The Royal Institute of British Architects (RIBA) unveils an inspiring new learning space at its iconic Grade II listed Headquarters in central London on 29 October 2019.
The RIBA Clore Learning Centre was designed by architects Hayhurst & Co. following a RIBA competition. Including a dedicated studio, study room, terrace and interactive display area, this space will transform how the public learns about and responds to architecture in a creative learning programme
A new destination for the public to engage with architecture, the new Learning Centre will be a setting for hands-on, creative activities for a wide range of audiences, from children and families to lifelong learners. It will be part of RIBA’s national learning programme, including workshops, walks, talks, and the RIBA National School Programme engaging primary and secondary school children.
Juno chairs, designed by James Irvine for Arper in 2012, were selected as part of the design for the studio and study room, providing a flexible, playful space that inspires creativity and adapts to different publics and models of learning, from independent learning to group activities.
Andrew Nelson, Head of Learning at RIBA, and Jonathan Nicholls, Director at Hayhurst and Co., explain the concept behind the project and how the Juno collection was chosen for the space:
Furniture was carefully considered to cater for all our participants – from schoolchildren to older learners – as well as meeting our needs for practical and compact storage when not in use. Arper Juno chairs can be easily stacked in our purpose-built storage space and their moulded plastic form is durable and wipe-clean. Armrests provide side support and make it easier for older people with reduced mobility to stand up.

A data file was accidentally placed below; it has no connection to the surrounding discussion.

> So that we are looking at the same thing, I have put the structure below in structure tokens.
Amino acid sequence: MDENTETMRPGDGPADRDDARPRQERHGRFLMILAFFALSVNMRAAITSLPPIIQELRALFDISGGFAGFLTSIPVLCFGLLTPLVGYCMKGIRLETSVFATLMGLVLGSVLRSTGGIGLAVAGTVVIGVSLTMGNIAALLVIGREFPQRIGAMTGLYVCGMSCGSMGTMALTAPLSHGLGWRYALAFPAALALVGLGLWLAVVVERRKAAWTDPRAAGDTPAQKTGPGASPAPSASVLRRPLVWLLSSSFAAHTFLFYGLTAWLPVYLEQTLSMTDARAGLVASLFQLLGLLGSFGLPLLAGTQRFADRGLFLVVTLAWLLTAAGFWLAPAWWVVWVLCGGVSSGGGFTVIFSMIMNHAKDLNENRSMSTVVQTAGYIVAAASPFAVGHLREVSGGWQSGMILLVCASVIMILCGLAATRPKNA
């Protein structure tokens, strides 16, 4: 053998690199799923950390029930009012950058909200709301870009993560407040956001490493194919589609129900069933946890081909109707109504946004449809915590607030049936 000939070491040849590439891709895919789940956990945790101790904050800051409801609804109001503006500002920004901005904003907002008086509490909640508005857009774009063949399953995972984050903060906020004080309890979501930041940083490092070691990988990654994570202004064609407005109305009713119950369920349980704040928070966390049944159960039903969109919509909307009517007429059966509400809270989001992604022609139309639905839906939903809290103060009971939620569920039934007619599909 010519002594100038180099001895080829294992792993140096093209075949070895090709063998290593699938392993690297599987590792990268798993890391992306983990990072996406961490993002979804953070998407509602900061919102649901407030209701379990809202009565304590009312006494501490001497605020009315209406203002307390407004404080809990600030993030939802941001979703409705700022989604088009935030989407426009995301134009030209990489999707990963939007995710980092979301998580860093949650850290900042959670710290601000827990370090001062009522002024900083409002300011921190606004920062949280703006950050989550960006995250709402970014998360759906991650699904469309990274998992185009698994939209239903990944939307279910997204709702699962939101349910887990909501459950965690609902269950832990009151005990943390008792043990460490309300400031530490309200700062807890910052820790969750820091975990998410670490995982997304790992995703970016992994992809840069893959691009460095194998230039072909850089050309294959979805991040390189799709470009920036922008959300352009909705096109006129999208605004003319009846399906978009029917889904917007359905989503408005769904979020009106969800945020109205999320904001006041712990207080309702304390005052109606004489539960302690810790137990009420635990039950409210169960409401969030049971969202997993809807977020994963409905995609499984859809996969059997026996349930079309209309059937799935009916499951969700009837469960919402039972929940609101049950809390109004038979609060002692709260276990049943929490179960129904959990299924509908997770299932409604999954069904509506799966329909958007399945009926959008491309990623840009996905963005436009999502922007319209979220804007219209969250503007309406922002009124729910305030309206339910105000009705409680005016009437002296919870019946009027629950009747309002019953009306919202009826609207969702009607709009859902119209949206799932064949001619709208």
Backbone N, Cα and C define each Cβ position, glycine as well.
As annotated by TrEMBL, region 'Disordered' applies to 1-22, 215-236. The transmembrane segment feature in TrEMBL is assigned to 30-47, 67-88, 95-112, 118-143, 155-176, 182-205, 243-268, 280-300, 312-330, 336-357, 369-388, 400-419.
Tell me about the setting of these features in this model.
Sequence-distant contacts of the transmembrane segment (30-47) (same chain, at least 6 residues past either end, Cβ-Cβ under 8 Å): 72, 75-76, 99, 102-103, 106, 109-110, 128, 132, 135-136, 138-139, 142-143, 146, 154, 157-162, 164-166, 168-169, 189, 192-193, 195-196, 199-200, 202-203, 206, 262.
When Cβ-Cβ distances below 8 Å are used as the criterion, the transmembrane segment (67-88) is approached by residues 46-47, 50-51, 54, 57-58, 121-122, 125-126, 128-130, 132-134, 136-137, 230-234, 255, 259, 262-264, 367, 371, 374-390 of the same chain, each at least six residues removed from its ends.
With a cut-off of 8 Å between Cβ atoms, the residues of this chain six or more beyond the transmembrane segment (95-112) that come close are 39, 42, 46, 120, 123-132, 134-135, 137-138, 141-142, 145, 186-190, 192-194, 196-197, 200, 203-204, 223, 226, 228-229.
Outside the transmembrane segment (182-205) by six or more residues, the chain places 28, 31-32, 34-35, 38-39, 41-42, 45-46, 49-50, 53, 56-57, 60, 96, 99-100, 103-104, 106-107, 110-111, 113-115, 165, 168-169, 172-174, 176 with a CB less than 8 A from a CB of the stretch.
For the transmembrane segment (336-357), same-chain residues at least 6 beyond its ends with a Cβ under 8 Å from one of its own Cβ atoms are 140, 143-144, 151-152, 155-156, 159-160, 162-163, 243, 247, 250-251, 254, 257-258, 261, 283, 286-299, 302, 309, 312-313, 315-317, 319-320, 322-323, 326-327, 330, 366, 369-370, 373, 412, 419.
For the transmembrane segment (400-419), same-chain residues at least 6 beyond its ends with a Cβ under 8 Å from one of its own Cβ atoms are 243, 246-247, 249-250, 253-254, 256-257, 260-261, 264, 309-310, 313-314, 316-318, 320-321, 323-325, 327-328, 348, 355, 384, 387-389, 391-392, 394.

Andrew Nelson, Head of Learning at the Royal Institute of British Architects (RIBA)
Hayhurst and Co’s design for the Clore Learning Centre at the RIBA provides an inspirational set of spaces where visitors can learn about architecture. The interiors are flexible and adaptable and enable an inter-active learning experience. The choice of materials and the internal specifications for the project have been critical to encourage debate about the perception of architecture and its influence on light, acoustics, material sourcing, sustainability, learning enhancing technologies and environments.
The use of Arper’s Juno furniture range was key to providing a product specification that met an exacting client brief. Lightweight, well-built and high-quality chairs provide versatility for the range of different users that attend the Clore Studio at the RIBA. The furniture suits young and older users and provides an easily stackable solution enabling the learning team to quickly adapt the room layout to suit different uses.
Jonathan Nicholls, Practice Director at Hayhurst & Co.
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